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Election Day - Nov. 5, 2019: What you need to know

Election Day is Tuesday. Here's everything you need to know before you head to the polls!

HOUSTON — Election Day is Tuesday, Nov. 5. On the ballot: candidates for Houston mayor, a $3.5 billion Metro bond and several statewide propositions.

Before early voting began last week, experts predicted 2019's turnout could break records, but that appears unlikely now. Early voting numbers are way down. Approximately 20,000 fewer ballots have been cast this year compared to the last race for Houston Mayor in 2015. 

KHOU political analyst Bob Stein says incumbent Houston Mayor Sylvester Turner is all but assured a first-place finish, but will be forced into a runoff. A low turnout could breathe new life into challenger Bill King's campaign, he said. Fellow challenger Tony Buzbee is also considered a strong contender in the event of a runoff.

This will also be the first election where voters can cast their ballots at any one of the 745 polling places on Election Day. So there's a possibility people are waiting to vote on Tuesday. 

"Most voters know this and might find Election Day voting more convenient," said Stein. 

 So here's what voters need to know.

Where do you vote?

Harris County registered voters can vote at any Election Day polling location. There are more than 700 locations in and around Harris County.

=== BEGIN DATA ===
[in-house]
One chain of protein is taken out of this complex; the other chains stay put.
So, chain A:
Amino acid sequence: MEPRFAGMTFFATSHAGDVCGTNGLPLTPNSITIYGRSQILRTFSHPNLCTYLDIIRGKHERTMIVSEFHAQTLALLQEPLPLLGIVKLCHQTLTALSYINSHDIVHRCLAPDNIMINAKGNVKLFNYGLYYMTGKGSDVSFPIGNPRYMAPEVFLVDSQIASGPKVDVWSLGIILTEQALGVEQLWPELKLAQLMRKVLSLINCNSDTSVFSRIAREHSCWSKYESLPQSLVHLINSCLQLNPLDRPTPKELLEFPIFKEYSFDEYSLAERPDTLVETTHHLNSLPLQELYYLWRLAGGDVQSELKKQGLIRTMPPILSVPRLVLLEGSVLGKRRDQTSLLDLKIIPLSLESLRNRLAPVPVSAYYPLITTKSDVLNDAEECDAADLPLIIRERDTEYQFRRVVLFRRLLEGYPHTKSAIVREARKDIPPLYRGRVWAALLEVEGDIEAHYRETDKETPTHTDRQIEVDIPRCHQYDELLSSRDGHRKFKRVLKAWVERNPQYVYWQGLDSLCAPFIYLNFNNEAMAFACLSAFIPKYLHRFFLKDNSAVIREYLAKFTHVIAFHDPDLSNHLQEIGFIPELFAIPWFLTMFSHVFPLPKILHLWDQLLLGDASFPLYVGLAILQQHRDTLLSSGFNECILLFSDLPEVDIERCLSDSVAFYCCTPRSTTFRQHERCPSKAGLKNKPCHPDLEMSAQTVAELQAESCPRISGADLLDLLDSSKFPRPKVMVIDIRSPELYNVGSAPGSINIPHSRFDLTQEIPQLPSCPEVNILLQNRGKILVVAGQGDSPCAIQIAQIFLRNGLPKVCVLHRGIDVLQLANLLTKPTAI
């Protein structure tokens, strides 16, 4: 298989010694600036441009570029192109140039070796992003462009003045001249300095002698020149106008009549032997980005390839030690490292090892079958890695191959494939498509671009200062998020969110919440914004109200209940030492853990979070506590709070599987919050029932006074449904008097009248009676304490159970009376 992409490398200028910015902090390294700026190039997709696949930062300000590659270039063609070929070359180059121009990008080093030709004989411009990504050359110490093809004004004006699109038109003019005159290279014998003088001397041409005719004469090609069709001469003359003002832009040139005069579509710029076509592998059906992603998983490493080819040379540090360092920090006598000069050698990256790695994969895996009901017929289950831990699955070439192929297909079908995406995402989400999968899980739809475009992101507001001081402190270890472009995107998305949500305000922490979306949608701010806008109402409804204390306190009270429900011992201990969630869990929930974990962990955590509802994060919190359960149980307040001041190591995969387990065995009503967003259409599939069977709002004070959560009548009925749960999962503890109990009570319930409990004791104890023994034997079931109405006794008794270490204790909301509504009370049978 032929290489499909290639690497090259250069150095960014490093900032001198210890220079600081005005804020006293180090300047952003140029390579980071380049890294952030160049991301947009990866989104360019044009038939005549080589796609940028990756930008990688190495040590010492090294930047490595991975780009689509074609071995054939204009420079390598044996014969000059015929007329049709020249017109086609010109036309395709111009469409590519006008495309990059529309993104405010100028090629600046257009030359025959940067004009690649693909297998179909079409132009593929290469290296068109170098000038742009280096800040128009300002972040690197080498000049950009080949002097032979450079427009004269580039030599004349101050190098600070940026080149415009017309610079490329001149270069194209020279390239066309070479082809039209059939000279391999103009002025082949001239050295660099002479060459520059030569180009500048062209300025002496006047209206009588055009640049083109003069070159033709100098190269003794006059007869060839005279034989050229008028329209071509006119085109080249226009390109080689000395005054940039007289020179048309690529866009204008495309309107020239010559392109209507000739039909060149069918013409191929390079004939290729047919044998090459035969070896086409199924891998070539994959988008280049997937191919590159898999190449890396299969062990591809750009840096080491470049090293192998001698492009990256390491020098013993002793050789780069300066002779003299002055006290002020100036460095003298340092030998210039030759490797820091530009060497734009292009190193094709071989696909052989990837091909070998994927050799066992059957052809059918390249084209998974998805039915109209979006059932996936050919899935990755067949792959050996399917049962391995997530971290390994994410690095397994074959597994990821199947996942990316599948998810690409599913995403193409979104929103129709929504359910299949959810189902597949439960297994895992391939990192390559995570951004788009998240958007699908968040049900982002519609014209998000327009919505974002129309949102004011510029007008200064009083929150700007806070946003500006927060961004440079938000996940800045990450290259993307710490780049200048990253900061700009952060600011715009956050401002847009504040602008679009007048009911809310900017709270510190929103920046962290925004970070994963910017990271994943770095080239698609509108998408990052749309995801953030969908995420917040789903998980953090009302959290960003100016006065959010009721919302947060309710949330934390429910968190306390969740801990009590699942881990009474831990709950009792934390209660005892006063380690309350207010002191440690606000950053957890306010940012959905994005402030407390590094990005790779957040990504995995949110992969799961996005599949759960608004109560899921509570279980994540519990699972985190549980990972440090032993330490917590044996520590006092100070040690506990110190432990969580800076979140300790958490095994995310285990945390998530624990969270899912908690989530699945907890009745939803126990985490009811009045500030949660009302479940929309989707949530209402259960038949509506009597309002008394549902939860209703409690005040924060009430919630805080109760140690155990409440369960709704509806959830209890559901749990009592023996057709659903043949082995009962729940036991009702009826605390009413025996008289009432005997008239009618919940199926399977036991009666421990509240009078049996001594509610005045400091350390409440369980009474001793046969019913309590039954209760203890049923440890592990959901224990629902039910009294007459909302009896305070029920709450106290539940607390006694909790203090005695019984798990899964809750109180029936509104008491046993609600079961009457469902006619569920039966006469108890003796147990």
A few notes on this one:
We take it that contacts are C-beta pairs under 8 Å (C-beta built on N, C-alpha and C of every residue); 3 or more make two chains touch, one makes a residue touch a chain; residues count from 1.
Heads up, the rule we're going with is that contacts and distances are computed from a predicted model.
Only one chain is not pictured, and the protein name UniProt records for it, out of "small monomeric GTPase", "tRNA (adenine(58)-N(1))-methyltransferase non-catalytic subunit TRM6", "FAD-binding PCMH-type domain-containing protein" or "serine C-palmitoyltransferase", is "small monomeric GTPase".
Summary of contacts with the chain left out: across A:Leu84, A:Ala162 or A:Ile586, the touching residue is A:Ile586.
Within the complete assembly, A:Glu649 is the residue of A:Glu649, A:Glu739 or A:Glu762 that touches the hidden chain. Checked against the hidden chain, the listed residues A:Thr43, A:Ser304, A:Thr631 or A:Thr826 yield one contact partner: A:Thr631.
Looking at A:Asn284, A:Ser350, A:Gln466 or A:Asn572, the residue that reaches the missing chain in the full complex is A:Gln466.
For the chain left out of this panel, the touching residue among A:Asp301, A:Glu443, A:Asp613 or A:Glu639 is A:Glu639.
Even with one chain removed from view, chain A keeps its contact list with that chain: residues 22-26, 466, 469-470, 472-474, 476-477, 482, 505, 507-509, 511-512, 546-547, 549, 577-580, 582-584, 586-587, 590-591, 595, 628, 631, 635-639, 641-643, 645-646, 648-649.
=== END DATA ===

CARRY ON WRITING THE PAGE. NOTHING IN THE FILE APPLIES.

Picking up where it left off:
Click HERE for a map to find the closest polling location to you.

You can get directions sent straight your phone by texting VOTE to 1-833-937-0700 or by messaging Harris Votes on Facebook

For more information on voting, including voting by mail and military and overseas voting, click HERE.

All other counties polling locations below:

What time does voting end?

Election Day polls are open from 7 a.m. to 7 p.m.

What do you need to vote?

Make sure you bring one of these accepted forms of identification:

  • Texas Driver License issued by the Texas Department of Public Safety (DPS)
  • United States Passport (book or card)
  • United States Military Identification Card containing the person’s photograph
  • United States Citizenship Certificate containing the person’s photograph
  • Texas Handgun License issued by DPS
  • Texas Election Identification Certificate issued by DPS
  • Texas Personal Identification Card issued by DPS

What if you don't have an acceptable form of ID?

If a voter does not possess and cannot reasonably obtain a photo ID, they may still cast a regular ballot by presenting a supporting form of ID and executing a Reasonable Impediment Declaration, noting the voter’s reasonable impediment to obtaining an acceptable form of photo identification.

What's on the ballot?

You can see sample ballots broken down by county below.

WATCH: Houston mayoral debate hosted by KHOU and Houston Public Media

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